What’s the Point of a Benchmark?
Wikipedia alleges that a benchmark is meant to make it easier to compare different computer systems just by looking at a number. For a benchmark to be useful, it should be run independently. How can I compare my graphics card to your graphics card if we can’t run the same test?
So, a benchmark would let you and I run the same set of code and reach a similar result. Database benchmarks like TPC-C let software vendors run the same set of code and get in a pissing match about whose software should be the most expensive (the answer is still Oracle). The upside of benchmark code like TPC-C, or even open source benchmarks like YCSB or the Big Data Benchmark, is that anyone can run it. Once you’ve run a benchmark you can compare your system to a test rig see how your performance matches up.
Share and Share Alike
We should share benchmarks, right?
Absolutely. We should share all of our benchmark code and share the results, as allowed by the benchmark’s license. That means we can’t share TPC results and call them TPC results.
Trust But Verify
That means we should be able to verify benchmarks, right?
You got it!
For a benchmark to really be representative, it needs to be available for peer review. The more eyes that are on a benchmark, the more accurate the benchmark can become and the better our understanding of it gets.
The Azure SQL Database Benchmark only supplies a workload description like “SELECT; in-memory; read-only” or “UPDATE; mostly not in-memory; read-write”. It’s impossible to verify this benchmark or even compare it to a local SQL Server. Don’t worry, though, Microsoft knows that you’re not going to test your code. And, even if you did, you could never figure out how your performance maps up to their nebulous Database Throughput Unit (DTU).
Customers familiar with traditional databases and database systems will immediately understand the value and caveats associated with benchmark numbers. We have found newer startups and developers to be less familiar with the benchmarking industry. Instead, this group is more motivated to just build, test, and tune. Azure Database Performance: Service Tiers & Performance Q&A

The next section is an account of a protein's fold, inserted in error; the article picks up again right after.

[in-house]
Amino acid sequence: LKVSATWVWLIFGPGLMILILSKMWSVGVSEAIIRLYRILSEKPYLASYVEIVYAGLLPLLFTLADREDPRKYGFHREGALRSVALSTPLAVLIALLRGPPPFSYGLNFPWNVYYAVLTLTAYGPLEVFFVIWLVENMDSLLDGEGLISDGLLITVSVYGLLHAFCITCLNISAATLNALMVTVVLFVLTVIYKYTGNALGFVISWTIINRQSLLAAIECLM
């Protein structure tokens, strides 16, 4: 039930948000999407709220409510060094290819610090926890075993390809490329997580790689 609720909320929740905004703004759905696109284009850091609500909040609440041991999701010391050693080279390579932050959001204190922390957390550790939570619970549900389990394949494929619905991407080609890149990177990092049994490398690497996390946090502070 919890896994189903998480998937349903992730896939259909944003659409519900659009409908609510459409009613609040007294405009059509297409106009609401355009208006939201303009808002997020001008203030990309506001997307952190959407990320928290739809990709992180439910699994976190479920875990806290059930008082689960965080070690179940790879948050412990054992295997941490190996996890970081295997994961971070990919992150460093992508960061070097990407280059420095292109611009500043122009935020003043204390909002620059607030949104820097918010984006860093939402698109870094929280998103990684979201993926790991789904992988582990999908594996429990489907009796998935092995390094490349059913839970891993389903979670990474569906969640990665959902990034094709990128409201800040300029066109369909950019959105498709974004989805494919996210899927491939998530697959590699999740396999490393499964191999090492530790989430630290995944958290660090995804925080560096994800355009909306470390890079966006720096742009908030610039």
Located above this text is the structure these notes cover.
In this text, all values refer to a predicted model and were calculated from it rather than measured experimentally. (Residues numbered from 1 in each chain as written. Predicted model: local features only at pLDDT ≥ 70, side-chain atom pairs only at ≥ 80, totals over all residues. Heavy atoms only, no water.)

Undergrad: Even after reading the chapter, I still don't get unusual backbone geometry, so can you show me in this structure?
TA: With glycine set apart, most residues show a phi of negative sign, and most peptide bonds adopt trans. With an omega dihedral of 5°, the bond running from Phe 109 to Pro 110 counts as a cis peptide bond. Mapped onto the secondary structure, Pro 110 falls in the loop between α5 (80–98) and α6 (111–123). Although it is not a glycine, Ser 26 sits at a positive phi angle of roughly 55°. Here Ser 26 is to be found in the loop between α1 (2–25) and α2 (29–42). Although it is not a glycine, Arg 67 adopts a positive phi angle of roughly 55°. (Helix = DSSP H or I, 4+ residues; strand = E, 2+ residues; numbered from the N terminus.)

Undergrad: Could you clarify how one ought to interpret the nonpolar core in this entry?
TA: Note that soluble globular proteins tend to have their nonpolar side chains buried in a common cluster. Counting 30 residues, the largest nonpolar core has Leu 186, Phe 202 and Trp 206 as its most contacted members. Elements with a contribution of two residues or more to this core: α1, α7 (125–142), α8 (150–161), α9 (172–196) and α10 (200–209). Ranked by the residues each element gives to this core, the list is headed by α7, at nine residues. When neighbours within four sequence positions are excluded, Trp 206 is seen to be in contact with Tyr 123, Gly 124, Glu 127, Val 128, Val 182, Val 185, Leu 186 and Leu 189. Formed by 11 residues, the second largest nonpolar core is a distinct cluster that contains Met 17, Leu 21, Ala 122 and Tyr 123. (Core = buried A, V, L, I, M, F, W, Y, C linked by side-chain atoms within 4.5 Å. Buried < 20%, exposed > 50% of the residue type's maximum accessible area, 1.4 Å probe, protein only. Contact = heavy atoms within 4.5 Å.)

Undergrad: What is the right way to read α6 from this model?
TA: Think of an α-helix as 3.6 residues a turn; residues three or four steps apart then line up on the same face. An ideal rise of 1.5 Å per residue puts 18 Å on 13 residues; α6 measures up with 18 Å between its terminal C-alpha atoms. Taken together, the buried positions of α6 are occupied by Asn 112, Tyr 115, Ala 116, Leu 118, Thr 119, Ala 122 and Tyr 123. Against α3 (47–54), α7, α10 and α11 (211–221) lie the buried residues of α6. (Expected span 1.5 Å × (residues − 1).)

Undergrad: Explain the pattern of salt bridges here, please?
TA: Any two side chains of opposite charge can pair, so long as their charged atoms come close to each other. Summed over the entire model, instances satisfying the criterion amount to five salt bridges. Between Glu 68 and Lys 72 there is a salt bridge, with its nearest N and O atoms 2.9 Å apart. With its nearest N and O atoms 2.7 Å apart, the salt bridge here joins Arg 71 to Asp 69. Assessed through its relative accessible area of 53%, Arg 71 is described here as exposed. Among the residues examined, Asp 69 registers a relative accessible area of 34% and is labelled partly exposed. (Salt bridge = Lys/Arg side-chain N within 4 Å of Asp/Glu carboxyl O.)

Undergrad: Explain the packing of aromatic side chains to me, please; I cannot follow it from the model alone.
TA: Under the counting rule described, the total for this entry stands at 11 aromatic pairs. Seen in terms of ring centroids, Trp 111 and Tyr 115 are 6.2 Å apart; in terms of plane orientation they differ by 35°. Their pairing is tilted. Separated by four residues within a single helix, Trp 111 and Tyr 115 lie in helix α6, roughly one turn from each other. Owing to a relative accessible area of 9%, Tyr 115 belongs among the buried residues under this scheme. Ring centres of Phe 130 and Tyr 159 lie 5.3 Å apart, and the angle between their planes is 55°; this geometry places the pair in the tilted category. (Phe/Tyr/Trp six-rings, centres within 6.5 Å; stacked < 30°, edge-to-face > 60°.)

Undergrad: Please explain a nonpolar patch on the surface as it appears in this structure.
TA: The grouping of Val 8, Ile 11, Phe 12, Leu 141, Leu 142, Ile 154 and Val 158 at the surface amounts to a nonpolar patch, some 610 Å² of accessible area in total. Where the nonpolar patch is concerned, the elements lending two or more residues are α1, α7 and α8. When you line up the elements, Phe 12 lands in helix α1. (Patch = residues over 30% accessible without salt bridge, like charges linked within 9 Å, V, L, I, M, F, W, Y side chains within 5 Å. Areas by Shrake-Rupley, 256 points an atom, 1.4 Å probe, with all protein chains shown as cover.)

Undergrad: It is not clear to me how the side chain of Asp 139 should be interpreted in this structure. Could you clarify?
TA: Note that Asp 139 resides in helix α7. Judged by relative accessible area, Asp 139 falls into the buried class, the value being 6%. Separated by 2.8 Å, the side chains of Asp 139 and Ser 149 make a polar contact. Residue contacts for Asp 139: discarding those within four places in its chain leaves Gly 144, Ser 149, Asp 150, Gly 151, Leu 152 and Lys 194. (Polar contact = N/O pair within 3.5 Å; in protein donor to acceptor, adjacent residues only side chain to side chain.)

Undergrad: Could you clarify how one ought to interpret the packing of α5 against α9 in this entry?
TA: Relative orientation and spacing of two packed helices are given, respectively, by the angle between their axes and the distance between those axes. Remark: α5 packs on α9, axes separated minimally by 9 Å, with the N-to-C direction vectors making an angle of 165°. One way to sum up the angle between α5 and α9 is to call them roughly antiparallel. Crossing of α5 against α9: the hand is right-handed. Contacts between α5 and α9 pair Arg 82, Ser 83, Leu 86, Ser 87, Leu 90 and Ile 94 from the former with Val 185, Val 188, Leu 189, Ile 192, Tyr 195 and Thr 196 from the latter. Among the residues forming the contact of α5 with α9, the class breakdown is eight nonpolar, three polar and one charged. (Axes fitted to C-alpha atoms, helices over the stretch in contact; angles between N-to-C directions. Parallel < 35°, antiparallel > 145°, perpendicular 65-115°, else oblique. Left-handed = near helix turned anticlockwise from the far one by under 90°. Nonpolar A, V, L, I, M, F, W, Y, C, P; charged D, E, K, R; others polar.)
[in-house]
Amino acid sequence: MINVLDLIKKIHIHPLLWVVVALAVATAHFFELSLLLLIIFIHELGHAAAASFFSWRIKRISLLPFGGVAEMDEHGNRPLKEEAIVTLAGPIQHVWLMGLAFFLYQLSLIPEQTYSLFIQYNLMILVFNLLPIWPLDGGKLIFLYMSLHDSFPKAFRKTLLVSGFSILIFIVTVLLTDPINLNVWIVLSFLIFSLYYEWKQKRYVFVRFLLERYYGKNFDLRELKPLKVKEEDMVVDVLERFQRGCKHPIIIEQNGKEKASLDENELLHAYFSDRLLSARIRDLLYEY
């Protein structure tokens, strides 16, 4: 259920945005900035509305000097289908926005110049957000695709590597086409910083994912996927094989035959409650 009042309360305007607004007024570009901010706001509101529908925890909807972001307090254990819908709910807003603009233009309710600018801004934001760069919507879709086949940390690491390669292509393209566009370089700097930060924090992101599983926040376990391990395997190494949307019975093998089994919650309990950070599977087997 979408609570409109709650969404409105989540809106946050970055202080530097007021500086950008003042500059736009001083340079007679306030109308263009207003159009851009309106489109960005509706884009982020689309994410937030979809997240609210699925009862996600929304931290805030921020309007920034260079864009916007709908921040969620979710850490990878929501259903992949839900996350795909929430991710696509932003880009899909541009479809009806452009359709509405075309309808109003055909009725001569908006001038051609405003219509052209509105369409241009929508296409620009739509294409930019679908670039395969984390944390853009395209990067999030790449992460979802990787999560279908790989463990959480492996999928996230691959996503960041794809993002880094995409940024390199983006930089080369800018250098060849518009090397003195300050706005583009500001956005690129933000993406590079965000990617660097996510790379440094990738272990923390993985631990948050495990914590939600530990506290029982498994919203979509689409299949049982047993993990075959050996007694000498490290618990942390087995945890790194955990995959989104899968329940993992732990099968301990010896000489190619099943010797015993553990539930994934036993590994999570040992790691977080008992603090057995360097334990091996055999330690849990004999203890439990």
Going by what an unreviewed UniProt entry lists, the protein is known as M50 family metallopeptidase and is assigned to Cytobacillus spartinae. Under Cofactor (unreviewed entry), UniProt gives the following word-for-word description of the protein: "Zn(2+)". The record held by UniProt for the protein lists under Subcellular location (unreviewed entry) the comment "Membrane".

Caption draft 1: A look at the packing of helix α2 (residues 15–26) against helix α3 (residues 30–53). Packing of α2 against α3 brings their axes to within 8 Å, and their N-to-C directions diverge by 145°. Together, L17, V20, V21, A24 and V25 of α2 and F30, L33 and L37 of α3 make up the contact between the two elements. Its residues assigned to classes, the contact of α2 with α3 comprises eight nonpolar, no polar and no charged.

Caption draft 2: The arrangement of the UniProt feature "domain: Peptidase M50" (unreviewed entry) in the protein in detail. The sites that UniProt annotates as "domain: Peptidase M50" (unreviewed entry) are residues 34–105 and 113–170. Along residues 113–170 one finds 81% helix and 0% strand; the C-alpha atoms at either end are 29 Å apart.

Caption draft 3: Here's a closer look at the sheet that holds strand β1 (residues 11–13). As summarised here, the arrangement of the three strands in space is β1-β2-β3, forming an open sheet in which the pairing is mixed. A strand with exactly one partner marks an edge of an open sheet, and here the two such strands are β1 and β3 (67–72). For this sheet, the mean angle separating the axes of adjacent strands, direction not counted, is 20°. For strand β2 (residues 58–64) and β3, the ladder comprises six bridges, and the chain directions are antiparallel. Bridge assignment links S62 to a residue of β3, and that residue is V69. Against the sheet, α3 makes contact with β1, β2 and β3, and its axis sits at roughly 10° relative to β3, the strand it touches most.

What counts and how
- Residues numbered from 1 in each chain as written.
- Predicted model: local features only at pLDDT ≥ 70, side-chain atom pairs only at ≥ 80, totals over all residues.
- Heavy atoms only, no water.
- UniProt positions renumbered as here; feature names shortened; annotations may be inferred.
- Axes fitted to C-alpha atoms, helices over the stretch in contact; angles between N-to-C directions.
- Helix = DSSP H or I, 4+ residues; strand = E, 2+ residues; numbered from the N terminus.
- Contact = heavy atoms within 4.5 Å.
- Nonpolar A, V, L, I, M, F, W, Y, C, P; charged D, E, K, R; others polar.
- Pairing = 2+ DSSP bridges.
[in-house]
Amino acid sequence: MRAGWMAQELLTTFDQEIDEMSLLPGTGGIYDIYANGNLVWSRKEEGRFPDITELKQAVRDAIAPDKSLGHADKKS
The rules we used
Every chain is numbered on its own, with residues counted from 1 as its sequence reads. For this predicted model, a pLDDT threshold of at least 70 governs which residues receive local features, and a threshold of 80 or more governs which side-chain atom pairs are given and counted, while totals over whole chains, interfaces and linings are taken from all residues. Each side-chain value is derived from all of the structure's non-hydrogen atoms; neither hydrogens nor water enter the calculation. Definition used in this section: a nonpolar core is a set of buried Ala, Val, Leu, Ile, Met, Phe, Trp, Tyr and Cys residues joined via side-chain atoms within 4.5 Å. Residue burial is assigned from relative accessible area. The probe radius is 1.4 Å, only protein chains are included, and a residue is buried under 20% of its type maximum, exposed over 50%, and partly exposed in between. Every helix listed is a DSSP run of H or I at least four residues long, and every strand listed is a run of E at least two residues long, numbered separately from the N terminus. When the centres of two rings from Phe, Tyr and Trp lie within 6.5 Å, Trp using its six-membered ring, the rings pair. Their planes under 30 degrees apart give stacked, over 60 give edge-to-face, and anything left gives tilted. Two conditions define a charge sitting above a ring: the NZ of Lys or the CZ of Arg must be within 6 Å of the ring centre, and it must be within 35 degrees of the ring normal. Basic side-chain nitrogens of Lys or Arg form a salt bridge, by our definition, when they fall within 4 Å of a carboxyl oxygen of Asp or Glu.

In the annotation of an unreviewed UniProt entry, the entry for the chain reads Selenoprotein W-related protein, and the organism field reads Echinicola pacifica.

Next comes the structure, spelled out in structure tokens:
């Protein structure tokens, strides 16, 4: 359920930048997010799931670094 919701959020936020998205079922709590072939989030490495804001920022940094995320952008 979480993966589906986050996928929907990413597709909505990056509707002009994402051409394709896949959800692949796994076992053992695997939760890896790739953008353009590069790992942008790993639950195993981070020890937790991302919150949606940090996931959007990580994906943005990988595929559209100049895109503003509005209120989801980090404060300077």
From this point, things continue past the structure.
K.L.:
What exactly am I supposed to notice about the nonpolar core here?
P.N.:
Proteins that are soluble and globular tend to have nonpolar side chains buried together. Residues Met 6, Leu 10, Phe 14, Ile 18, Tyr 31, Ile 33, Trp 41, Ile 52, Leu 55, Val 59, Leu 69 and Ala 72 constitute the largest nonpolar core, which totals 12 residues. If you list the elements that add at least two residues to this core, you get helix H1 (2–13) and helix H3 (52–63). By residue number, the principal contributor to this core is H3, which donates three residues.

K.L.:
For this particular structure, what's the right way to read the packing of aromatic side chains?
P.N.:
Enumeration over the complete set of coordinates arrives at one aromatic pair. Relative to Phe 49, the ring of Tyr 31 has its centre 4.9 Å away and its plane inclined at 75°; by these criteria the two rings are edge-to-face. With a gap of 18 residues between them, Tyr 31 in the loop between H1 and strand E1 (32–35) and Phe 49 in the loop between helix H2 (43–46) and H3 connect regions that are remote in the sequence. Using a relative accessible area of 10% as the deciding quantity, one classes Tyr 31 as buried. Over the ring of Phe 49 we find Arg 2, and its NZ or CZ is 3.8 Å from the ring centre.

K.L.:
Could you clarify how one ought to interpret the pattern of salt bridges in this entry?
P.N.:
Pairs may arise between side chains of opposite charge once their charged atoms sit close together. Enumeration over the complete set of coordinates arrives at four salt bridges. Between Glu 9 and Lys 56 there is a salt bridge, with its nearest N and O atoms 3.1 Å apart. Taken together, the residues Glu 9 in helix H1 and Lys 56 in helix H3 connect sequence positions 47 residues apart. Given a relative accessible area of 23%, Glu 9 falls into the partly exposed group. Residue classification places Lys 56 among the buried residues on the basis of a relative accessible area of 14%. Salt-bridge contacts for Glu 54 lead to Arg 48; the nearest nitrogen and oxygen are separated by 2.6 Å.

That’s right – if you’re deploying to the cloud, you don’t want to know in advance. That’s the official stance from Microsoft. You’d just be happier to sit around and re-write your code over and over again until you get something that works. Refactoring is good fun, after all.
But Sharing is Caring?
Why wouldn’t you want to share the benchmark?
It couldn’t be that Azure is slow. And it certainly couldn’t be that Azure is expensive. And it absolutely couldn’t be that customers might leave if you compare something slow and expensive to something fast and less expensive…
What other reason could there be for not releasing any way to run the Azure Database Benchmark?
Sure, we could all cobble something together that works and acts remarkably unlike the Azure SQL DB Benchmark. But it’s not going to be the same benchmark.
If I sound bitter, it’s because I had high hopes that Microsoft would continue increasing transparency around their core business. There’s even a compelling argument that metrics like TPC-C are outdated. But in order for that argument to hold water the metrics must be reliable, understandable, and reproducible. Secret metrics help no one.